Beltegez: Why is the ‘supergiant’ star behaving so… strangely

Beltegez: Why is the ‘supergiant’ star behaving so… strangely

Beltegez: Why the star

Source: Adam Block, Steward Observatory, University of Arizona

The…strange behavior of one of the brightest stars in the sky – which scientists say exhibits an unusual variation in brightness, going from bright to dim twice as fast as usual – gives science an experiment without previous image of how stars “die”..

Beltegez, a pulsating red supergiant which, due to its size, can be distinguished with the naked eye, is a star located approximately 640 light-years from Earth, in the constellation Orion. This means that light takes 641 years to reach Earth – so if you see the star at night, you are seeing it as it was almost 6.5 centuries ago.

At about 10 million years old, it is much younger than our Sun (5 billion years), but despite its… young age, it has a lot greater mass and therefore shorter lifespan than the Sunwith scientists believing that over the next few millennia it will explode as supernova.

What characterizes the red giant are the brightness variations in 400-day cycles.

However, between late 2019 and early 2020, the star underwent what astrophysicists called “big power outage” as a cloud of dust obscured the red giant.

Beltegez: why the star
Betelgeuse is one of the largest and brightest stars in the sky, with a diameter so large that if it were in the center of the solar system, its surface would reach the orbit of Jupiter, “swallowing” all the inner planets – Photo: Xavier Haubois/Paris Observatory/NASA

Now, according to astrophysicist Andrea Dupre of the Harvard Smithsonian Center for Astrophysics, it’s against 150% brighter than its normal brightness and the dimming period of brightness decreased to 200 days – as a result the frequency of the phenomenon has doubled.

This change makes it so the seventh brightest star in the night sky – when he was previously in tenth place.

The life and death of a star

Beltegez is expected to burst at some point the next 10,000 to 100,000 years.

“One of the most exciting things about Beltegez is how we follow ta final stage in the evolution of large stars to take place in near real time for us, something that we had never been able to study in such depth in the past,” notes Dr. Sarah Webb, an astrophysicist at Swinburne University of Technology in Australia.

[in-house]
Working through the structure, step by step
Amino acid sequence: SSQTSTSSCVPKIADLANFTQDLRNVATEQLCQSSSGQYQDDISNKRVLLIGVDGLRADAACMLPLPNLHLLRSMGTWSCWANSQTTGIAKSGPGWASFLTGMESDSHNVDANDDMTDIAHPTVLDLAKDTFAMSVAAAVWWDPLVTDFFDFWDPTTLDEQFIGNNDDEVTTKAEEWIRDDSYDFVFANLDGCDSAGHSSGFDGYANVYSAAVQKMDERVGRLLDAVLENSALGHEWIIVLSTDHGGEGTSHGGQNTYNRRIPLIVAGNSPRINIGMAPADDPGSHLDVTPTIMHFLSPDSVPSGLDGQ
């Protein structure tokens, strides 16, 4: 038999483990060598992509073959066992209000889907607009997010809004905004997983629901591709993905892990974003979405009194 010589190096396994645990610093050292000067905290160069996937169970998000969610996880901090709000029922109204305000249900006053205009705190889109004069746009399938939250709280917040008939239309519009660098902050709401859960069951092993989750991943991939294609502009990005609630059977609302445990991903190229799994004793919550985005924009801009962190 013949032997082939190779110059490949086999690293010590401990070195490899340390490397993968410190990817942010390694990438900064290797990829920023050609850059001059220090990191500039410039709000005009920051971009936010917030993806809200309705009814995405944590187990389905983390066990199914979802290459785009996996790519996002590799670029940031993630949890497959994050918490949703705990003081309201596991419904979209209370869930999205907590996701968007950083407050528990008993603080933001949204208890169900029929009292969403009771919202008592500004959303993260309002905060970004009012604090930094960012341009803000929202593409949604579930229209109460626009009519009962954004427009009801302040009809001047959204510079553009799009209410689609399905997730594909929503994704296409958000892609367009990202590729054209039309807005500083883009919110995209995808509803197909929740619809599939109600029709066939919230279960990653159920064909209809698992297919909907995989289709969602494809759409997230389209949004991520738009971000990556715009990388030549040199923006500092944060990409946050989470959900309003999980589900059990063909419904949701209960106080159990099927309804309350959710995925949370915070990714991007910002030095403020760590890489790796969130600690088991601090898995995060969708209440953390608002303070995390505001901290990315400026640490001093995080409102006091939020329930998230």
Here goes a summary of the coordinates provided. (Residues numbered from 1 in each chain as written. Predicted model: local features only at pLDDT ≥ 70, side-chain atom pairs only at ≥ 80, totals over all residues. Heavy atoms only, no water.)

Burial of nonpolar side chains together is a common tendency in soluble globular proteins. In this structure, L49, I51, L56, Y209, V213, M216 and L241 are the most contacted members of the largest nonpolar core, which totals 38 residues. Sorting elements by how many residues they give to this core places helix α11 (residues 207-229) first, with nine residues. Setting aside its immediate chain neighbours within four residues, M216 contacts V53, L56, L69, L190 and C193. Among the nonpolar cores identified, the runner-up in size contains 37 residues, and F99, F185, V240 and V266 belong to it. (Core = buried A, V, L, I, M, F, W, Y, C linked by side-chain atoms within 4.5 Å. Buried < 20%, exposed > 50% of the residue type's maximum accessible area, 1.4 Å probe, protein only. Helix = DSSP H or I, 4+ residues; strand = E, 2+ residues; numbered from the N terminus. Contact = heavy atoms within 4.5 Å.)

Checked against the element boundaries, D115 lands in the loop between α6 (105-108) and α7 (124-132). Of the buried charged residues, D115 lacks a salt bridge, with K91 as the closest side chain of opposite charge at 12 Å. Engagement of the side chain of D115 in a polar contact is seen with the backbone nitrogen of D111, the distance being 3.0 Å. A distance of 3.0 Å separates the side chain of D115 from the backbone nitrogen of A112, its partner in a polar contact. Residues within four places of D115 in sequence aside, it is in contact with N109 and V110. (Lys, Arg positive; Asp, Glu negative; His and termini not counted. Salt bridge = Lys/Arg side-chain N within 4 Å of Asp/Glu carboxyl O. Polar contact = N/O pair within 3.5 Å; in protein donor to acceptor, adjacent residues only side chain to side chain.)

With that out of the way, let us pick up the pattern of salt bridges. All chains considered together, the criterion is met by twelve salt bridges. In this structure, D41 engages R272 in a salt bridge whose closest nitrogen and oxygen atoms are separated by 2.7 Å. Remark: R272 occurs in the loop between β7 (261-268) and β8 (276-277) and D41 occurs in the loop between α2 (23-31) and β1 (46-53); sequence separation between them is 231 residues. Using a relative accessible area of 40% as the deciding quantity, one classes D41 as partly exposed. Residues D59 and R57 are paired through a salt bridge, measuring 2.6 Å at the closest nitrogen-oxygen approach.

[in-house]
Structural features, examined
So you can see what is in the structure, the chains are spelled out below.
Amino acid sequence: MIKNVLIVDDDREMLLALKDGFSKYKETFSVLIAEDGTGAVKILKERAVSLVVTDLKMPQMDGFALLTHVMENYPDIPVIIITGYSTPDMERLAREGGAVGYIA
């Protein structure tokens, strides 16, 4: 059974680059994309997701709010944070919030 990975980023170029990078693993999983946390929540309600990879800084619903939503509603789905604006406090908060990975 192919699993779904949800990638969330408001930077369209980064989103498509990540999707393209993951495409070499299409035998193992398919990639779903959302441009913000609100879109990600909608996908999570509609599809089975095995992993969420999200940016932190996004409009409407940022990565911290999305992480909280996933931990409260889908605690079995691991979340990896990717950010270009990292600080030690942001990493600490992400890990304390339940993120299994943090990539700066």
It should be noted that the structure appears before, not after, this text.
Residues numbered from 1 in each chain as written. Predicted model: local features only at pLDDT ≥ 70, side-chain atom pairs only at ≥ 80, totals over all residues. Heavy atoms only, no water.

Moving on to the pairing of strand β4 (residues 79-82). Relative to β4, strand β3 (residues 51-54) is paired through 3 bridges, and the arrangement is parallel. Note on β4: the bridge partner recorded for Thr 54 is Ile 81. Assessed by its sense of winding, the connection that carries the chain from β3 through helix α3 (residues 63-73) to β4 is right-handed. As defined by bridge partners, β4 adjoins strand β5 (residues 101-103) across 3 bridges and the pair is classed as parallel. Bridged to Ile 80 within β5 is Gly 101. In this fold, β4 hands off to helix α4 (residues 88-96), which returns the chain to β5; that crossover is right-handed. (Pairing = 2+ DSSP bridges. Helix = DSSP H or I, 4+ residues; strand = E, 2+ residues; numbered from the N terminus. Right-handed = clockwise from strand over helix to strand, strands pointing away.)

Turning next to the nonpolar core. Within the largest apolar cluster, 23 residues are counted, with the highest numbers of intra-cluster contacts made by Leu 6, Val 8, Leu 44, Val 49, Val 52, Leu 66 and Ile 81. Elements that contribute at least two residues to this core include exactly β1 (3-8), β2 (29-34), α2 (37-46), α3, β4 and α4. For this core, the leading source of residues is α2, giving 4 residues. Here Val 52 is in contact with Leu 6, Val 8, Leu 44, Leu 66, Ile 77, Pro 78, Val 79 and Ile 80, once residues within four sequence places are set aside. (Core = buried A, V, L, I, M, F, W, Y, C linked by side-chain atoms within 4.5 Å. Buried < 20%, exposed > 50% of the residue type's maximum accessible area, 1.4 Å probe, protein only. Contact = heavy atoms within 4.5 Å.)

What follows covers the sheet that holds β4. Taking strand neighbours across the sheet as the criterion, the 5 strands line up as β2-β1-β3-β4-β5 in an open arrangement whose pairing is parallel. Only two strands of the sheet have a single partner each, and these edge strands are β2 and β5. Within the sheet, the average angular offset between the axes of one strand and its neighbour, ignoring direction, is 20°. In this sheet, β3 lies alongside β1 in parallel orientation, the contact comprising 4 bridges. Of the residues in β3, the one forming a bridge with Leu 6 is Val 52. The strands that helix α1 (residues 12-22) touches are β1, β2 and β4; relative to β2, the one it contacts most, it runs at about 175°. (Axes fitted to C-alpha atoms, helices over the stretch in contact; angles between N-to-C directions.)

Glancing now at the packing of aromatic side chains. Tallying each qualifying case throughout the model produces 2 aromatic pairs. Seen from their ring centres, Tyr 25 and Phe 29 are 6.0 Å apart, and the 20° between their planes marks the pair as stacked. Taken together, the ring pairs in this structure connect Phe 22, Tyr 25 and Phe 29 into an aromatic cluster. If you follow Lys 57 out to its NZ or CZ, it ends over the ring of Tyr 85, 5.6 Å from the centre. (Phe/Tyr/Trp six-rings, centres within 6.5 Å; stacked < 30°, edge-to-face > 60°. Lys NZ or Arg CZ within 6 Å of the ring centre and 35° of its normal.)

By observing its behavior, scientists obtain valuable information about the “red giants” before their supernova explosion. When they explode, the intensity is such that the explosion is visible on Earth even during the day.

As science explains, at the end of their lives, stars turn into red dwarfs and begin to they release energymaking them swell, they become unstable and pulsating over periods of hundreds or even thousands of days – what experts and romantics on Earth consider to be the “twinkle” of the stars.

There are records from ancient Egypt of what appears to be a star exploding into a supernova, with descriptions that speak of the appearance of the “second sun”notes Webb.

Beltege’s great loss of luminosity was caused by ejecting a huge mass of gas and dustor what scientists call a “mass massive ejection of an abnormally hot convective cloud”.

Beltegez: Why the star

The four images from the Hubble Space Telescope show the evolution of the loss of luminosity which scientists believe is due to a cloud of stardust blocking its view from Earth – Credit: NASA, ESA

This mass was several times greater than that of the moon, Webb explains. “If we suddenly lost one of our hands, it would change the way forces move through our bodies. Something similar happened with the unfortunate Beltegez. Throwing away all that mass and now its core and its stability are trying to come backshe notes.

AT study where Dupre and other Harvard and Berkeley scientists collaborated of California, concludes that they will pass five to ten years before Beltegez returns to its normal 400-day cycle.

“After losing luminosity, the light-speed and ray curves of the star are noticeably different from before,” the authors note. “It’s something unheard of. We’ve never seen this before,” adds Webb.

They were the Australian Aborigines who first discovered the Beltege luminosity cycles before Western astronomers, who until 1596 believed that the stars are “immutable and immutable”.

Source: Guardian

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